The report does not elaborate on the nature of the problems, but says they must be solved before the Block 2 mission systems software can be tested. Currently, the program is testing preliminary Block 0.5 and Block 1 mission systems software. Block 2 would incrementally increase the aircraft’s capabilities and would be followed by the fully mission-capable Block 3 software.

    A Lockheed Martin official could not immediately describe the technical problems with the display.

    “The F-35 air system advances Helmet Mounted Display technology to capabilities not flying today on any other tactical platform. With this advancement in technology come challenges that the program is actively managing. The challenges are being worked with the supplier,” said Lockheed Martin spokesman John Kent.

    “While there are no current plans to change suppliers, options are being considered in parallel that mitigate the most stressing issues. Flight testing is proceeding with the HMD installed and used with no safety of flight concerns.”

    The report also calls for the Block 3 mission system software to be tested on a simulated battlefield because existing test ranges are not adequate to test the F-35’s sensor arrays.

    “Open-air testing is constrained by range limitations that are incapable of providing realistic testing of many key capabilities provided by Block 3 aircraft,” the report says.

    The report also calls for the aircraft’s On-Board Inert Gas Generations System, which generates inert gases to prevent oxygen building up inside the fuel tanks, to be redesigned.

    “The OBIGGS system fails to inert the fuel tank ullage spaces throughout the combat flight envelopes evaluated,” the report says.

    The report recommends program officials redesign the OBIGGS system “to ensure that the fuel tank ullage volume oxygen concentrations are maintained below levels that sustain fire and/or explosion throughout the combat flight envelopes.”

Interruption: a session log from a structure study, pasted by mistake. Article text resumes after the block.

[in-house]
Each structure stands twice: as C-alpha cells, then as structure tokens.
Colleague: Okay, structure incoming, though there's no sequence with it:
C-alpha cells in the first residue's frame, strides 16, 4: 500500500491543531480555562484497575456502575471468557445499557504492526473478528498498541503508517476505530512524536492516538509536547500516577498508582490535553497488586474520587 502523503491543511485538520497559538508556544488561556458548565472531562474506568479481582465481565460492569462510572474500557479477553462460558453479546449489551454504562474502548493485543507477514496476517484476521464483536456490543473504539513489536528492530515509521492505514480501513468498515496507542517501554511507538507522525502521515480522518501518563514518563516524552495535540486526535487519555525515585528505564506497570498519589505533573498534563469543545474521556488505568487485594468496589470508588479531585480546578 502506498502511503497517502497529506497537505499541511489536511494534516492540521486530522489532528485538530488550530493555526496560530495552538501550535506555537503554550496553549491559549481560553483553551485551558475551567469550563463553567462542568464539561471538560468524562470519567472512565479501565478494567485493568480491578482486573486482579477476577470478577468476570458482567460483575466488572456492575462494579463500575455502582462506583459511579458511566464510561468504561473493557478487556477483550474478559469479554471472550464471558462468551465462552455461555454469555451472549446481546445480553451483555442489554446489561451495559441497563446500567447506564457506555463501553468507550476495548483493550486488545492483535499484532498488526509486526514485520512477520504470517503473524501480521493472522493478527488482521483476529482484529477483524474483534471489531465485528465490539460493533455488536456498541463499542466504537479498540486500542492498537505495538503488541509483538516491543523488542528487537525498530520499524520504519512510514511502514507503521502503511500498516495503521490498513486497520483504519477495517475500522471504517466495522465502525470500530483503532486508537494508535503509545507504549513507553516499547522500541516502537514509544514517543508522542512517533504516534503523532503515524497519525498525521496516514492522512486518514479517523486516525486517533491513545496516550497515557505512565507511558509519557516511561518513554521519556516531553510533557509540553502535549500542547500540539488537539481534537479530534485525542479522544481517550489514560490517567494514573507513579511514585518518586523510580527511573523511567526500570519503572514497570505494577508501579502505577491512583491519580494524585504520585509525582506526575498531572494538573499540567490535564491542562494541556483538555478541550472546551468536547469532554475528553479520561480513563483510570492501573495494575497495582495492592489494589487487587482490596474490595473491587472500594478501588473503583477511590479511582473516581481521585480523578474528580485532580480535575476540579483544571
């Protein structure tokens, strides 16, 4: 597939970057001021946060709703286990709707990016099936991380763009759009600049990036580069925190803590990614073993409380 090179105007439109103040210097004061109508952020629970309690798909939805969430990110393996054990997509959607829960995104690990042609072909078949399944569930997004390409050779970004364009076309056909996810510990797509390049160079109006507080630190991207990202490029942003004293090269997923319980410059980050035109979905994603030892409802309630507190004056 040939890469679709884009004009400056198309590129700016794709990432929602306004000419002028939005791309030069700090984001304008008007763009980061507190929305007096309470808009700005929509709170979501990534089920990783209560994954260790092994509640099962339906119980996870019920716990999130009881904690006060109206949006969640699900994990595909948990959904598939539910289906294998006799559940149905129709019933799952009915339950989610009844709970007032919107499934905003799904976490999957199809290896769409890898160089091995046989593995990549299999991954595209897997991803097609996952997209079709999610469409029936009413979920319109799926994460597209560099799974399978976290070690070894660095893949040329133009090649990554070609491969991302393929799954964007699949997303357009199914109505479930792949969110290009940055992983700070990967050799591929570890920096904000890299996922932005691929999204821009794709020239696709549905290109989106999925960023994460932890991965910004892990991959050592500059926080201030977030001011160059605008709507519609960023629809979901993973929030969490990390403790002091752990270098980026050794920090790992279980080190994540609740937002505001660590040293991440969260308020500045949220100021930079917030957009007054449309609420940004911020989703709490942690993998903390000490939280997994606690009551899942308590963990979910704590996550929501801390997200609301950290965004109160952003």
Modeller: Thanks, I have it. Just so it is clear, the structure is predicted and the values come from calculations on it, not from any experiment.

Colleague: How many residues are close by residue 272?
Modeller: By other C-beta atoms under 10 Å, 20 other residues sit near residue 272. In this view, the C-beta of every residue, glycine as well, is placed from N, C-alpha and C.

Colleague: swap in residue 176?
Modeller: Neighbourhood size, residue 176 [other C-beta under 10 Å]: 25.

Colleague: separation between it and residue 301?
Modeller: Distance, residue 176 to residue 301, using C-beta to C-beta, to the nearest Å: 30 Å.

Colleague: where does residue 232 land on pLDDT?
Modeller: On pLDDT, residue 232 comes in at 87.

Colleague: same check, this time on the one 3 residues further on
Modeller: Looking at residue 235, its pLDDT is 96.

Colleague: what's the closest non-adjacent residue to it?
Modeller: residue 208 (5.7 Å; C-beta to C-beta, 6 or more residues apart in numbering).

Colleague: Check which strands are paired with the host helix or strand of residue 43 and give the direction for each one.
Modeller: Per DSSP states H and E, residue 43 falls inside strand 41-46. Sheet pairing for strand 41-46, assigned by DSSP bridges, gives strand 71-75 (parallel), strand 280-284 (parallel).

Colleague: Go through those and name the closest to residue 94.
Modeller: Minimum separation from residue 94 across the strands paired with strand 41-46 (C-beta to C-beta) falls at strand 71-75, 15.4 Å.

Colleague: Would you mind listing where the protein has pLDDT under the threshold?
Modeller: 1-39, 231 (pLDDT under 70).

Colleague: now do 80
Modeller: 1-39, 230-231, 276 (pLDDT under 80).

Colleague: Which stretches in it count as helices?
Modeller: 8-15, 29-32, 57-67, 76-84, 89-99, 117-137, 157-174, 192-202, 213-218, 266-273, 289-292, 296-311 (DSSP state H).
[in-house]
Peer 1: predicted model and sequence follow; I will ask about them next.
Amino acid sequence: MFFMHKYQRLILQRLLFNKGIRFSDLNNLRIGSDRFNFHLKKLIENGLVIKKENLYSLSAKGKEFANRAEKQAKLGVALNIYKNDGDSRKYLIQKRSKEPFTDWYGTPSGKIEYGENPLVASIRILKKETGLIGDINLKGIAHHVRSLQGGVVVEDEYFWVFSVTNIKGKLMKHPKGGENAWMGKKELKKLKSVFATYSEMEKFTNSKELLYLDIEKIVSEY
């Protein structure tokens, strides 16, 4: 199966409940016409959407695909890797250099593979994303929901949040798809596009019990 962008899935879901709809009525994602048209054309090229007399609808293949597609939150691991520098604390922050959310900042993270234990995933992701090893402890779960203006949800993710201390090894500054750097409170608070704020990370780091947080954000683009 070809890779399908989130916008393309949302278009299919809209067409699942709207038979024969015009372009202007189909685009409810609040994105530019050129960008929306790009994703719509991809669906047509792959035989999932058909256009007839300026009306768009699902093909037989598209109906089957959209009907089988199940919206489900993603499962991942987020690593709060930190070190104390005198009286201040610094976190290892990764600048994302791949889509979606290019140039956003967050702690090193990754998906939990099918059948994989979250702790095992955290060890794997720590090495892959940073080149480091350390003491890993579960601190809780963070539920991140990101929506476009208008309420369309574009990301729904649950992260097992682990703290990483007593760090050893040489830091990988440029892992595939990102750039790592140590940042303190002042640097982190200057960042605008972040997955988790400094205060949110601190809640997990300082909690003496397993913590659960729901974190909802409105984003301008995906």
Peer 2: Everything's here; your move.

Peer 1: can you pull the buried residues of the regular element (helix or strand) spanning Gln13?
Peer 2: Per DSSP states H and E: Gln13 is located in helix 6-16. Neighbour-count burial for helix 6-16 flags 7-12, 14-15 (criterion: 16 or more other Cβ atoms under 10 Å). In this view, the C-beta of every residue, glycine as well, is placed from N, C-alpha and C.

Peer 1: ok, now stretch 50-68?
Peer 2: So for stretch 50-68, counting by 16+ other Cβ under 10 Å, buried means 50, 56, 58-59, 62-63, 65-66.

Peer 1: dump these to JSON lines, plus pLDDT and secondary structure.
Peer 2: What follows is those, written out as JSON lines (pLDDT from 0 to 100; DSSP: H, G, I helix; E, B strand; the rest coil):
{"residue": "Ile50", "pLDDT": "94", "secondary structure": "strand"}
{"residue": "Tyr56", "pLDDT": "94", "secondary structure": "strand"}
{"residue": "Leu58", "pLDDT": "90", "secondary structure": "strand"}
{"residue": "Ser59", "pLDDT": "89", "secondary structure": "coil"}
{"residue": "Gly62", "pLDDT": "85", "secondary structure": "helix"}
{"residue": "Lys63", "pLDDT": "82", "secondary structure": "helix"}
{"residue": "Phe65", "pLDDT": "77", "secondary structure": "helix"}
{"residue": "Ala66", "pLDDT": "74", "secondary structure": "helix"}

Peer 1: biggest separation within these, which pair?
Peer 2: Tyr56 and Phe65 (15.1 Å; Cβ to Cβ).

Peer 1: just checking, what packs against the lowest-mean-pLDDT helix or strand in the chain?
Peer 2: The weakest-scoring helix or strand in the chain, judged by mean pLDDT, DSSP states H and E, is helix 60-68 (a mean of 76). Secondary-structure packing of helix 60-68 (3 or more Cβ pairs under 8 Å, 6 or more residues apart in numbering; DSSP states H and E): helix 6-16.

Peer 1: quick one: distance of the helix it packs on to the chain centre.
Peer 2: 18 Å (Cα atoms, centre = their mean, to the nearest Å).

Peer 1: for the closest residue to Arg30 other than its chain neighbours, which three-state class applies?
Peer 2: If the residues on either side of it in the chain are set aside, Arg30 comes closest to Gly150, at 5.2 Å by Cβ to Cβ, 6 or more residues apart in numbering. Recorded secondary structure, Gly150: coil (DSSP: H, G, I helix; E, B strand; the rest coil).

These issues are in addition to the known difficulties with the B-model aircraft’s insufficiently strong structural bulkhead and problems with auxiliary air inlet doors on the aircraft’s top surface.

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    Default Re: The Endangered F-35

    This thing is never going to get built...

    Early Warning on JSF Delays
    February 7, 2011

    This morning, Graham Warwick and Amy Butler's story on detailed changes to the F-35 flight test program goes live on the Check Six page.

    Highlights: Development testing is not now due to be completed until October 2016, completion being marked by the end of testing on Block 3 software. The new program will include 7,800 flights, restoring the 2,000 test sorties that the JSF Program Office cut in 2007. See the full story for more detail.

    In total, this represents a five-year delay since the program started.
    To take a more recent benchmark: in September 2008, the schedule called for Block 3 development testing to be finished in mid-2013, five years away. Today, that milestone is more than five-and-a-half years off: in short, the JSF program has gone six to nine months backwards in just over two years.

    According to the Government Accountability Office's testimony of last March, development costs in then-year dollars had increased from a baseline of $34.4 billion on 2001 to $49.3 billion by that time. This was revised upwards to $50.8 billion as part of last year's Nunn-McCurdy review. The latest extension will cost an additional $4.6 billion, bringing the total overrun to $21 billion or 61 percent.